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Theater in the Nation's Capital, Washington, DC

A Brilliant Effervescent THE TAMING OF THE SHREW
at Shakespeare Theatre Company
450 7th St. NW, Washington ,D.C.

reviewed by  Grace Cavalieri


If there is one play of Shakespeare that has received adequate exposure on stage and in film, it 's THE TAMING OF THE SHREW. But for the uninitiated, maybe those high schoolers filling the front rows, we need only look at the program cover with Kate wearing boxing gloves behind her wedding gown, and the tale is told.

Directed by Rebecca BaylaTaichman, this may well be the most glittering theater event you will see this season.  We are startled as the curtain falls, rather than rises, to begin the show, and the imagination never flags from that moment. The technical wizardry, and stagecraft, are hydraulics to the play, providing hip gloss, high culture/pop culture -- modern dress, strobe lights, music segues -- at times, Italian brass, at times jazz -- all together, making a  2 1/2 hour Roman candle you wish would never go out. The haute couture department store features revolving doors. Glass windows (mirrored, plus funhouse mirrors) are put to good use by the Director. Behind the windows sometimes an actor is mannequin, other times, we see a showcase  for  a game show... not ordinary characters, these, either, with calling cards, brief cases, office chairs. What theatergoer does not like eye candy, and I didn't find a place where this obscured rather than clarified the text. In fact, it gives presence to the spirit of Shakespeare. 

The story: the older sister (fiery, wiry Katherina) must be married before the younger sister (beauteous and sublime Bianca) can wed. Petruchio is up for the task of taming Kate into marriage "woo her, wed her, bed her," and it is all, well noted as cash register sounds fill the theater.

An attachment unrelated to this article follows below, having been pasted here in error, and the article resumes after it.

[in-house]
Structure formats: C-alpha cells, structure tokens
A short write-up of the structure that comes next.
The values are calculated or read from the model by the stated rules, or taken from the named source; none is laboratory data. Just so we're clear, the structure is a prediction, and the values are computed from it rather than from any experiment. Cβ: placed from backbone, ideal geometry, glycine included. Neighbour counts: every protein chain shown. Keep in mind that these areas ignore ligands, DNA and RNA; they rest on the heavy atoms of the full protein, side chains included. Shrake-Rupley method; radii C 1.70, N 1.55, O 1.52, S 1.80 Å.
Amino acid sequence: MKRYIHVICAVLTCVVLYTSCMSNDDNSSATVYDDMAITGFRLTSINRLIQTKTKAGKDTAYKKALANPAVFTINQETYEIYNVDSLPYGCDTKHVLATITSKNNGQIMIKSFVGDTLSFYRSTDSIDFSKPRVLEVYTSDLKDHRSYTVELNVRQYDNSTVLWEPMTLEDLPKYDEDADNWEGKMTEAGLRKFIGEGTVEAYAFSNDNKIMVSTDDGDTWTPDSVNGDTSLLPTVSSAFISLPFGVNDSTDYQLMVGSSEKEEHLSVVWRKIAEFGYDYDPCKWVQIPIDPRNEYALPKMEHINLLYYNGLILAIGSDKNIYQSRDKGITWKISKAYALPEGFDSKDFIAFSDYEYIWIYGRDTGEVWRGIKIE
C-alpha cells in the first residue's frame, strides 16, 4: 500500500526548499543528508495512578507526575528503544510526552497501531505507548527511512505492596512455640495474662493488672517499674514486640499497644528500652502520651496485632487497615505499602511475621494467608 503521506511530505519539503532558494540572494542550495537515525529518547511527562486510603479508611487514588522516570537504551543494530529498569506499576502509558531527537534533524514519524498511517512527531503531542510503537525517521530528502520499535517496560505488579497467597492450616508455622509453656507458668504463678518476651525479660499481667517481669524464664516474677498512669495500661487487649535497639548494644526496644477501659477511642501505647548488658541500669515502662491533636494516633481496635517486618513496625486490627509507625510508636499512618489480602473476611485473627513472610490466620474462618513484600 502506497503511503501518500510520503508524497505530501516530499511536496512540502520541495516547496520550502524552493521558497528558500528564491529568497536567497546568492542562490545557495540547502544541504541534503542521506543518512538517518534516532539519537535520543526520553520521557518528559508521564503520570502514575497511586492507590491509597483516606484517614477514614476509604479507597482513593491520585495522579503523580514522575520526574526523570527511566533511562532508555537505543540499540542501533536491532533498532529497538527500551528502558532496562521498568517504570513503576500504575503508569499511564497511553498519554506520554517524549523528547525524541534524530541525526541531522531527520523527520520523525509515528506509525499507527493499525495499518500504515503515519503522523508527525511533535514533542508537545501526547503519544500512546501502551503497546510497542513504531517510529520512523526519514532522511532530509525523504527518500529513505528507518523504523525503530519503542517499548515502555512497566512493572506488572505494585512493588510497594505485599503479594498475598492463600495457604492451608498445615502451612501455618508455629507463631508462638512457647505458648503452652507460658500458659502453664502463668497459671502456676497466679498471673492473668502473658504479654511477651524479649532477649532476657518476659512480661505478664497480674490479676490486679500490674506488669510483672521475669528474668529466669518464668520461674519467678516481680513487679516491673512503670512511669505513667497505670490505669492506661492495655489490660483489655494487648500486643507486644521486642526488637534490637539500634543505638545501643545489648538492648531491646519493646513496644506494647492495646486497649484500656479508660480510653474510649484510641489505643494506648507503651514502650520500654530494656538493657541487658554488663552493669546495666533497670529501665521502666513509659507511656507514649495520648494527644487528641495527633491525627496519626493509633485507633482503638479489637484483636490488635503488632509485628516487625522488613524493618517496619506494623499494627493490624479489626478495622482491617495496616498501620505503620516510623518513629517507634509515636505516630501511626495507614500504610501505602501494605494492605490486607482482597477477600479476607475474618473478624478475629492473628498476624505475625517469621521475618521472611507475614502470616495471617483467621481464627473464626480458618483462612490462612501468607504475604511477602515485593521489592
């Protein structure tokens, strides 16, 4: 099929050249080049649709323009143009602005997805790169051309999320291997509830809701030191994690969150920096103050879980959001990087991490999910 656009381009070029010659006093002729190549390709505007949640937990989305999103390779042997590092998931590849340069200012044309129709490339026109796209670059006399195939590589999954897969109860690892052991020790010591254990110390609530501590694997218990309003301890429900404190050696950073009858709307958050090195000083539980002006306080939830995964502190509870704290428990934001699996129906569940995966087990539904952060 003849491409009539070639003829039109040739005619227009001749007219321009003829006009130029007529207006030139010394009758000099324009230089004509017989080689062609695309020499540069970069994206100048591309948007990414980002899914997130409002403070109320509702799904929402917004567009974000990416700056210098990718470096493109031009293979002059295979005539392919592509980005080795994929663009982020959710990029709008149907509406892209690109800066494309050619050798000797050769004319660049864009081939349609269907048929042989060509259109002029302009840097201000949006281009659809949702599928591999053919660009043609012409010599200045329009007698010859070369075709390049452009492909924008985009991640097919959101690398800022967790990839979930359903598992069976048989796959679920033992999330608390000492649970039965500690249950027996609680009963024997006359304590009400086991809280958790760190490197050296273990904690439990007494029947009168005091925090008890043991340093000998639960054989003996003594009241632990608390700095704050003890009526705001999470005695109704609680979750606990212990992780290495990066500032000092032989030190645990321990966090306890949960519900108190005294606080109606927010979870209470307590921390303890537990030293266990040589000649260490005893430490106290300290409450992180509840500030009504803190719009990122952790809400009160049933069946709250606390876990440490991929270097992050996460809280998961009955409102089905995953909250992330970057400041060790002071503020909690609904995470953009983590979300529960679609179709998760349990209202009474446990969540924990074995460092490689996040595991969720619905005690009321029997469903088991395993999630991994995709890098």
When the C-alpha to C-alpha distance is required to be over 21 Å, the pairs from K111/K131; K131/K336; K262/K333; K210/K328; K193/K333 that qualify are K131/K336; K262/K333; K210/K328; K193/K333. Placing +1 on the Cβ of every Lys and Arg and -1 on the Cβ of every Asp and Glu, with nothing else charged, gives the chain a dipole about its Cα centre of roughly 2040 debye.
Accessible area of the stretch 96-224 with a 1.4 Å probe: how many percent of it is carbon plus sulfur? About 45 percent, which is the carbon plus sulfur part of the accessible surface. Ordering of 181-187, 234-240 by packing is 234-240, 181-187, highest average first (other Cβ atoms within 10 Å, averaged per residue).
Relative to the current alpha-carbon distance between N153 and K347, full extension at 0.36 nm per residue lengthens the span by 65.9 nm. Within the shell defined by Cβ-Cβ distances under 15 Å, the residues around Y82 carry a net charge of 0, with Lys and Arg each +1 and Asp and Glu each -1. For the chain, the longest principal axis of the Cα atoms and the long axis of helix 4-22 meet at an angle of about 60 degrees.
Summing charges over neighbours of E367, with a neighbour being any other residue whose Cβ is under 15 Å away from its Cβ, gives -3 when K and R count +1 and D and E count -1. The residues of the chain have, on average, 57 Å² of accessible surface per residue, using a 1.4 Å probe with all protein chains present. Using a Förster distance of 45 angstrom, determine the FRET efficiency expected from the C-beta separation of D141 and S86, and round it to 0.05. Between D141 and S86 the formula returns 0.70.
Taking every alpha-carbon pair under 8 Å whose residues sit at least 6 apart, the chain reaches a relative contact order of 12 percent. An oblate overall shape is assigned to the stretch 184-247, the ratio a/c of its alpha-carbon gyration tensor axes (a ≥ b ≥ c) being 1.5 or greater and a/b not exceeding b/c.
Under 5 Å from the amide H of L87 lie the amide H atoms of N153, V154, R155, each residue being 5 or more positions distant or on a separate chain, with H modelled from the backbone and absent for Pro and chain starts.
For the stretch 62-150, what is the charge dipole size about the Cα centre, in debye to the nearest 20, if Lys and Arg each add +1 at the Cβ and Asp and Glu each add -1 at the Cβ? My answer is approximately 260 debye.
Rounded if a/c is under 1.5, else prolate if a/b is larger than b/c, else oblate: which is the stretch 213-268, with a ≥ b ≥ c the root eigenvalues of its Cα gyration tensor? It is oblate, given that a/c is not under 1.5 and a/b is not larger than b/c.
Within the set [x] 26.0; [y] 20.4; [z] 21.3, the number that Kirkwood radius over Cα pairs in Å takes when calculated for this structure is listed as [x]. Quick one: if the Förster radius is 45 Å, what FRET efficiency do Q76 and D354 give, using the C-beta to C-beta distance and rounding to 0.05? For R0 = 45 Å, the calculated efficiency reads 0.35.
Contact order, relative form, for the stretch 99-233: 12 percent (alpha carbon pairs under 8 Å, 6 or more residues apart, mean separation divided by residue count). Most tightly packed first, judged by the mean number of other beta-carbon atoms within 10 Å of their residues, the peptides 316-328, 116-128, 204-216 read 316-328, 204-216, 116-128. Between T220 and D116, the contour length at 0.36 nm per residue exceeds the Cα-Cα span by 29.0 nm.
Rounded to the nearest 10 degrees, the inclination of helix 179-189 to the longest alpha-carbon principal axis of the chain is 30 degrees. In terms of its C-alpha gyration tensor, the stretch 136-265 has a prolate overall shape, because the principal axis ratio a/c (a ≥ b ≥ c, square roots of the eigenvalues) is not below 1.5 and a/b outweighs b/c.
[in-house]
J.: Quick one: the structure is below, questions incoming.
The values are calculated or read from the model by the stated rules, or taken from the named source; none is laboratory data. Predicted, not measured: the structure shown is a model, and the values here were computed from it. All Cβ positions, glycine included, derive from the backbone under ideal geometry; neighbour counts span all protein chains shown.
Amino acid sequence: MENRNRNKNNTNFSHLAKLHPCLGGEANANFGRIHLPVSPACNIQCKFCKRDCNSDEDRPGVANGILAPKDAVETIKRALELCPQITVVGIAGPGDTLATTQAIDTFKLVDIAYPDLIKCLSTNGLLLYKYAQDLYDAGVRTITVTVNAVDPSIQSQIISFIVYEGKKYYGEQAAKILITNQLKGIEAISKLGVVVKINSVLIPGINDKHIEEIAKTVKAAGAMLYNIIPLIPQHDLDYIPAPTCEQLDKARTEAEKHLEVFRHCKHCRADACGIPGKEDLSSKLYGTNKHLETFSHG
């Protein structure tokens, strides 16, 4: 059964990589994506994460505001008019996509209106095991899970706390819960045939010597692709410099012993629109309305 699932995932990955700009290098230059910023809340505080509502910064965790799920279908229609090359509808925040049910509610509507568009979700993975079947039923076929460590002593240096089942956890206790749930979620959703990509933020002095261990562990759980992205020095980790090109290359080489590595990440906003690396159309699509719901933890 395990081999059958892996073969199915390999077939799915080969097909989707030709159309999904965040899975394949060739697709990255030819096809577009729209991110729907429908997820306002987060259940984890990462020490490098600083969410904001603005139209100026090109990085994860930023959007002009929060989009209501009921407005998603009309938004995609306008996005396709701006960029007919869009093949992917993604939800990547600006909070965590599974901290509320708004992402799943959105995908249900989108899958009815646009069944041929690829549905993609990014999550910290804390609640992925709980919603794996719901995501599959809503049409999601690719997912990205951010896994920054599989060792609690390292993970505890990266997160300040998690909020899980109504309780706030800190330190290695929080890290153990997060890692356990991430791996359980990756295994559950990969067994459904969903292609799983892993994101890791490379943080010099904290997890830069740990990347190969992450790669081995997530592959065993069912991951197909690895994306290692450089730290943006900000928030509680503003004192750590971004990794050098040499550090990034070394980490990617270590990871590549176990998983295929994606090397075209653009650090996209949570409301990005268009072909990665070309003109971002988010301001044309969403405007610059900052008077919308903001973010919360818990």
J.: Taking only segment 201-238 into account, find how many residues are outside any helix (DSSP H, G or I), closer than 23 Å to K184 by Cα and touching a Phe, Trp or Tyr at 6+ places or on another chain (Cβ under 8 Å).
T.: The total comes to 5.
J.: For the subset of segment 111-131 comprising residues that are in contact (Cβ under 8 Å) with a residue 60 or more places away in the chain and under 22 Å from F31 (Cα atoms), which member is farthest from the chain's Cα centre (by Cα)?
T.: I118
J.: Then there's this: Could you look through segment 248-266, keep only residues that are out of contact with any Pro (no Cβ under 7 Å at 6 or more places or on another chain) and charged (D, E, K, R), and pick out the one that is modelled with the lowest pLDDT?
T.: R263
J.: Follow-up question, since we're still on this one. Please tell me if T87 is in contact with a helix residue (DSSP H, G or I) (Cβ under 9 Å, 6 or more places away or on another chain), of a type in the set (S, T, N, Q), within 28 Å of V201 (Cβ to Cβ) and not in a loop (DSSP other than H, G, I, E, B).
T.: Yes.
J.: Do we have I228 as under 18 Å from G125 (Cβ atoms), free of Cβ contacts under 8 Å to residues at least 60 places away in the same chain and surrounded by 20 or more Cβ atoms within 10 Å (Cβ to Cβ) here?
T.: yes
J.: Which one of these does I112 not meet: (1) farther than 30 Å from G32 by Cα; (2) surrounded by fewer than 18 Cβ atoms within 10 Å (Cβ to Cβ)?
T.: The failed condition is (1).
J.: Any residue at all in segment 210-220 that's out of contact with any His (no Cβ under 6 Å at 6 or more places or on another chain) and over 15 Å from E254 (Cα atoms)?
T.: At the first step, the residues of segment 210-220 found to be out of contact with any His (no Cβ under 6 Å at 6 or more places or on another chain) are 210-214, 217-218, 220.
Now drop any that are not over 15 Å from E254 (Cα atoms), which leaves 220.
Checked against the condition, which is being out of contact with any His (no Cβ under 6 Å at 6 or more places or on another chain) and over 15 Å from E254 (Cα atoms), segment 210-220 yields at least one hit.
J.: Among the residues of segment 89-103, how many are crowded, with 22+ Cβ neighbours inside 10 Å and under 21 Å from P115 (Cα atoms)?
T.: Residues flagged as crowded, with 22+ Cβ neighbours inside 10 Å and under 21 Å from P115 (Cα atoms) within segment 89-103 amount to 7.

Kate, performed athletically by feisty Charlayne Woodward struggles physically, with Chrisopher Innvar's testosteroned Petruchio. Manipulation is his first ploy "Sweet as springtime flowers" says he, as he hoists a biting and flailing bride to his shoulders, Staggering beneath the fray, he boasts "We will be married Sunday."

Shakespeare's characters are never disappointing, changing identities, gaining theatrical esteem, squeaking by calamity.  And so, after some burlesque and high shenanigans, the wedding does occur; " He woos in haste, weds in leisure."  But after that, neither food, nor sleep is allowed Katherine, as she is gradually weakened. She is reduced, broken with mind games, parroting her husband's wishes, and calling falsehood truth. All the time Bianca (sweet and tender Lisa Birnbaum) is being wooed by multiple suitors; and won at last by her love Lucentio (poetic Michael Milligan.)

What does Katherina get for having been gentled? No surprise- the love of her life, a husband who actually falls for her, and she for him.  We must remember, though, Shakespeare brought her on with the words "a woman is a fool if she has not the spirit to resist'' and now Petruchio champions, "I will be master of what will be my own. ..She is my chattel, my house, my barn... my ass..."

We know that in every historical century," Thy husband is thy Lord" (and Shakespeare adds wisely "He kills her in every chamber.") Petruchio gets what he wants, and adding insult to injury, Katherina must lecture other women on being an obedient wife. We wonder if she really gets what she wants, and I wonder if the Director could have departed from the script's intention by adding a little subversion. But none was apparent, betraying the very character of Katherina. We can change behavior but can we change character? This leaves the audience bedazzled by the piece and yet saying: What was he thinking!?

THE TAMING OF THE SHREW runs through Nov. 18. Information:  202-547-1122.


Grace Cavalieri is a playwright and a poet. She produces/hosts "The Poet and the Poem from the Library of Congress" for public radio.

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